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Encyclopedia > Alkaline
Acids and Bases:
Acid-base reaction theories
Self-ionization of water
Buffer solutions
Redox reactions
Strong acids
Weak acids
Weak bases
Strong bases

The common (Arrhenius) definition of a base is a chemical compound that either donates hydroxide ions or absorbs hydrogen ions when dissolved in water. Bases and acids are referred to as opposites because the effect of an acid is to increase the hydronium ion concentration in water, whereas bases reduce this concentration. Arrhenius bases are water-soluble and always have a pH greater than 7 in solution.

There are other more generalized and advanced definitions of acids and bases.


Common bases

Bases and pH

The pH of (impure) water is a measure of its acidity. In pure water, about one in ten million molecules dissociate into hydrogen ions (H+) and hydroxide ions (OH), according to the equation

The concentration (in mole/liter) of the ions is indicated as [H+] and [OH]; their product is the dissociation constant of water with and has the value 10−14 mole2/l2. The pH is defined as −log [H+]; thus, pure water has a pH of 7. (These numbers are correct at 23 C and slightly different at other temperatures.)

A base accepts (removes) hydrogen ions (H+) from the solution, or donates hydroxide ions (OH) to the solution. Both actions will lower the concentration of hydrogen ions, and thus raise pH. By contrast, an acid donates H+ ions to the solution or accepts OH, thus lowering pH.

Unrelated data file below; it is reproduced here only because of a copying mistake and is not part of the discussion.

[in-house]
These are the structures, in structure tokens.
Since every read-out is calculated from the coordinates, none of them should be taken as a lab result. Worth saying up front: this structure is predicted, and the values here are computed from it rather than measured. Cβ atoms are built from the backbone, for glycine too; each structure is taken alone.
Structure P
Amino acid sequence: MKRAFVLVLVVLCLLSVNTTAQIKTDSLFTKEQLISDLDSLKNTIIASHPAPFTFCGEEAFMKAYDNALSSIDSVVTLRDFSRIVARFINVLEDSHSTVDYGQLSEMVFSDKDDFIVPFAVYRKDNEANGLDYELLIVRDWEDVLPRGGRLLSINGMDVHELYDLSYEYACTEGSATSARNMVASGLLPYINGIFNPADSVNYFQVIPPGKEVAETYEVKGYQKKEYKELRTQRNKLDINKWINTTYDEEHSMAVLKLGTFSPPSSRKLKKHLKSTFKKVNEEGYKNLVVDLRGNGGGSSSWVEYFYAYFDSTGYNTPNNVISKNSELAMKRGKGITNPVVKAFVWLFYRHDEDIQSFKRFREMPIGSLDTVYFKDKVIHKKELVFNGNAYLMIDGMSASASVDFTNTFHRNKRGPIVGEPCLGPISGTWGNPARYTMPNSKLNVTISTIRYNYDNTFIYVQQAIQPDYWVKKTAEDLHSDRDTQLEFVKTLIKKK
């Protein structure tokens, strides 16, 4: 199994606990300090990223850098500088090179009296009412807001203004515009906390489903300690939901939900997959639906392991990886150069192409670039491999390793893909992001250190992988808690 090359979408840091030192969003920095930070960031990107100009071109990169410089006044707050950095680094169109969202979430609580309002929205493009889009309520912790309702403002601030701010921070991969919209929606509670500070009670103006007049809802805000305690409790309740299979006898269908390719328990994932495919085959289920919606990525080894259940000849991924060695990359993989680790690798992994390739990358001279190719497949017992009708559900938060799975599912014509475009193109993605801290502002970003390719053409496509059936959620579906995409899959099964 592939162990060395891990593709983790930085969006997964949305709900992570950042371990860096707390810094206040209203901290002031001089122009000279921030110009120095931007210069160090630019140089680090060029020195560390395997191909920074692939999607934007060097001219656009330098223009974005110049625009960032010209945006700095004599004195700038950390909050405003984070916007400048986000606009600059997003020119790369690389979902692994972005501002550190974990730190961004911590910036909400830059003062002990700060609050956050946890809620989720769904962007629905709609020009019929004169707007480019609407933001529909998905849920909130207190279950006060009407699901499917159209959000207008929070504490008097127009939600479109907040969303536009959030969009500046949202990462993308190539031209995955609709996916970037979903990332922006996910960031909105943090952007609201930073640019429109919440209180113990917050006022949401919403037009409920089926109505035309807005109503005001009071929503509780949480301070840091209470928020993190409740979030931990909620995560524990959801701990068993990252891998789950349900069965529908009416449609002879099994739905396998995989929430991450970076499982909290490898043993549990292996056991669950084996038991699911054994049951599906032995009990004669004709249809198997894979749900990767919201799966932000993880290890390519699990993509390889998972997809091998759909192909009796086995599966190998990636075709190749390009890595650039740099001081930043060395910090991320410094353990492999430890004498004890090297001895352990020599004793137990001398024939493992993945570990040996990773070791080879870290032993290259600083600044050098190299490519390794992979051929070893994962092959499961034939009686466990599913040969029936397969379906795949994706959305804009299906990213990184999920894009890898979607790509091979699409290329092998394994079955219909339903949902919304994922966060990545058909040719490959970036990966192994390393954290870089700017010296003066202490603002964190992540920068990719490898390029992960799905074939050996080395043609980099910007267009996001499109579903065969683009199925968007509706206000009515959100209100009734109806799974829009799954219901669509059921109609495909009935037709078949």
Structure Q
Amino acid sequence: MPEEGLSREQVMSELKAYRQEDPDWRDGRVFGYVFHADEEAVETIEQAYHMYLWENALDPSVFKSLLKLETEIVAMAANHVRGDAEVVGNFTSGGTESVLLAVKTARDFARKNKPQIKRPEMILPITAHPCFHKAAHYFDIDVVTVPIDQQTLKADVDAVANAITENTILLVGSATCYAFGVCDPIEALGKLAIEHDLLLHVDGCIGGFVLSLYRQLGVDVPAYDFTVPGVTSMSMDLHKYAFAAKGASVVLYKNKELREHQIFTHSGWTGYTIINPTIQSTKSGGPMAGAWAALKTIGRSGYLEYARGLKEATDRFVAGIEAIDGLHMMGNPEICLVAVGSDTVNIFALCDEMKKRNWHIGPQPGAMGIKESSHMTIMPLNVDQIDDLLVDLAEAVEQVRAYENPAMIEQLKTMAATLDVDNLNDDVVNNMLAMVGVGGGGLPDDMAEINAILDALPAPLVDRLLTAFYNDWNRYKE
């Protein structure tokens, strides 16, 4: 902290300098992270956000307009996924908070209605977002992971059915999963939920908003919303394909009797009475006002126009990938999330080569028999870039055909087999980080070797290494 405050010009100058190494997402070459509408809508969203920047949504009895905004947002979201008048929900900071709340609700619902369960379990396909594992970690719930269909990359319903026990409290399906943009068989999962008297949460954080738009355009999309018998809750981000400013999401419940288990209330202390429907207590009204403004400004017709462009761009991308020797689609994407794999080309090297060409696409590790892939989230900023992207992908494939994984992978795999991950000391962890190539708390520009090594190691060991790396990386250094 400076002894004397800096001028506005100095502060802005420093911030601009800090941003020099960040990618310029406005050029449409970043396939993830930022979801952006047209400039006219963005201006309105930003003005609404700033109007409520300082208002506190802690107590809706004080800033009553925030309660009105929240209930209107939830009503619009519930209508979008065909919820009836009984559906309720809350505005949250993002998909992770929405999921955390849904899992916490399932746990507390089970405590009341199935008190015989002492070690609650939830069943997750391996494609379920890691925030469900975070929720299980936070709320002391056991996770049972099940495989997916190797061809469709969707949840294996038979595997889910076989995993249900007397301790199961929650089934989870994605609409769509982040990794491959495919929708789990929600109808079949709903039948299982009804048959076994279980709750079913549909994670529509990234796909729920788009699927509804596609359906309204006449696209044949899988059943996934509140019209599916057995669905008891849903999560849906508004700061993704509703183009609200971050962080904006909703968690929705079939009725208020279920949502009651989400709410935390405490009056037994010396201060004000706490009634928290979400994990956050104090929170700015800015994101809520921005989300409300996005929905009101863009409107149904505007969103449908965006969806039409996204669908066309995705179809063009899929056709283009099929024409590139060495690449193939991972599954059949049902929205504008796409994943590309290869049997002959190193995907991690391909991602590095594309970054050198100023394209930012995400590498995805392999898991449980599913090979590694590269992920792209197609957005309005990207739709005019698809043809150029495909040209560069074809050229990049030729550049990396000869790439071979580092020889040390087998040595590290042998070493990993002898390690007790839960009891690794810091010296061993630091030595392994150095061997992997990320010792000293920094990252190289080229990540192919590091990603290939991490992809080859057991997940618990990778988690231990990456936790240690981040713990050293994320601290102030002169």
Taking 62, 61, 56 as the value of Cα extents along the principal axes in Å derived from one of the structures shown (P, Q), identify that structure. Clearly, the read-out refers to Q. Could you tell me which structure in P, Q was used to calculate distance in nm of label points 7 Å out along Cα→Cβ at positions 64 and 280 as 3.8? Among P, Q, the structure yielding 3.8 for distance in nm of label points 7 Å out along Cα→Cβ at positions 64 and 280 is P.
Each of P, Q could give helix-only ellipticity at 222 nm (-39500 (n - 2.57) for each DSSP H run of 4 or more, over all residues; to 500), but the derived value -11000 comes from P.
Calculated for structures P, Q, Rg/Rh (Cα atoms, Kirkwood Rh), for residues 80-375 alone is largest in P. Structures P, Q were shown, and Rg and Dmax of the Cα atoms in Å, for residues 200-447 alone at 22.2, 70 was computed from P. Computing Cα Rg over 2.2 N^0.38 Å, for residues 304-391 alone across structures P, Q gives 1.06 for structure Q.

The pH of a solution can be calculated. For example, if 1 mole of sodium hydroxide (40 g) is dissolved in 1 liter of water, the concentration of hydroxide ions becomes [OH] = 1 mole/l. Therefore [H+] = 10−14 mol/l, and pH = −log 10−14 = 14.

Neutralization of acids

When dissolved in water, sodium hydroxide decomposes into hydroxide and sodium ions:

and similarly, hydrochloric acid forms hydronium and chloride ions:

When the two solutions are mixed, the H+ and OH ions combine to form water molecules:

If equal amounts of NaOH and HCl (measured in moles, not grams) are dissolved, the base and the acid exactly neutralize, leaving only NaCl (table salt) in solution.

Alkalinity of non-hydroxides

Both sodium carbonate and ammonia are bases, although neither of these substances contains OH groups. That is because both compounds accept H+ when dissolved in water:

See also

  • Acid-base reaction theories

  Results from FactBites:
Alkali - Wikipedia, the free encyclopedia (431 words)
In chemistry, an alkali is a specific type of base, formed as a carbonate, hydroxide or other ionic salt of an alkali metal or alkali earth metal element.
The word alkali or the adjective alkaline are frequently used to refer to all bases, since most common bases are alkalis, although such use is really a synecdoche.
It is common to speak of "measuring the alkalinity of soil" when you actually mean measuring the pH (base property).
Alkaline battery - Wikipedia, the free encyclopedia (194 words)
Alkaline batteries are a type of power cell dependent upon the reaction between zinc and manganese dioxide (Zn/MnO
Compared with traditional carbon/zinc batteries, whilst both produce approximately 1.5 volts per cell, alkaline batteries have a higher energy density and longer shelf-life.
Compared with silver-oxide batteries, which alkalines commonly compete against in button cells, they have lower energy density and shorter lifetimes.
  More results at FactBites »



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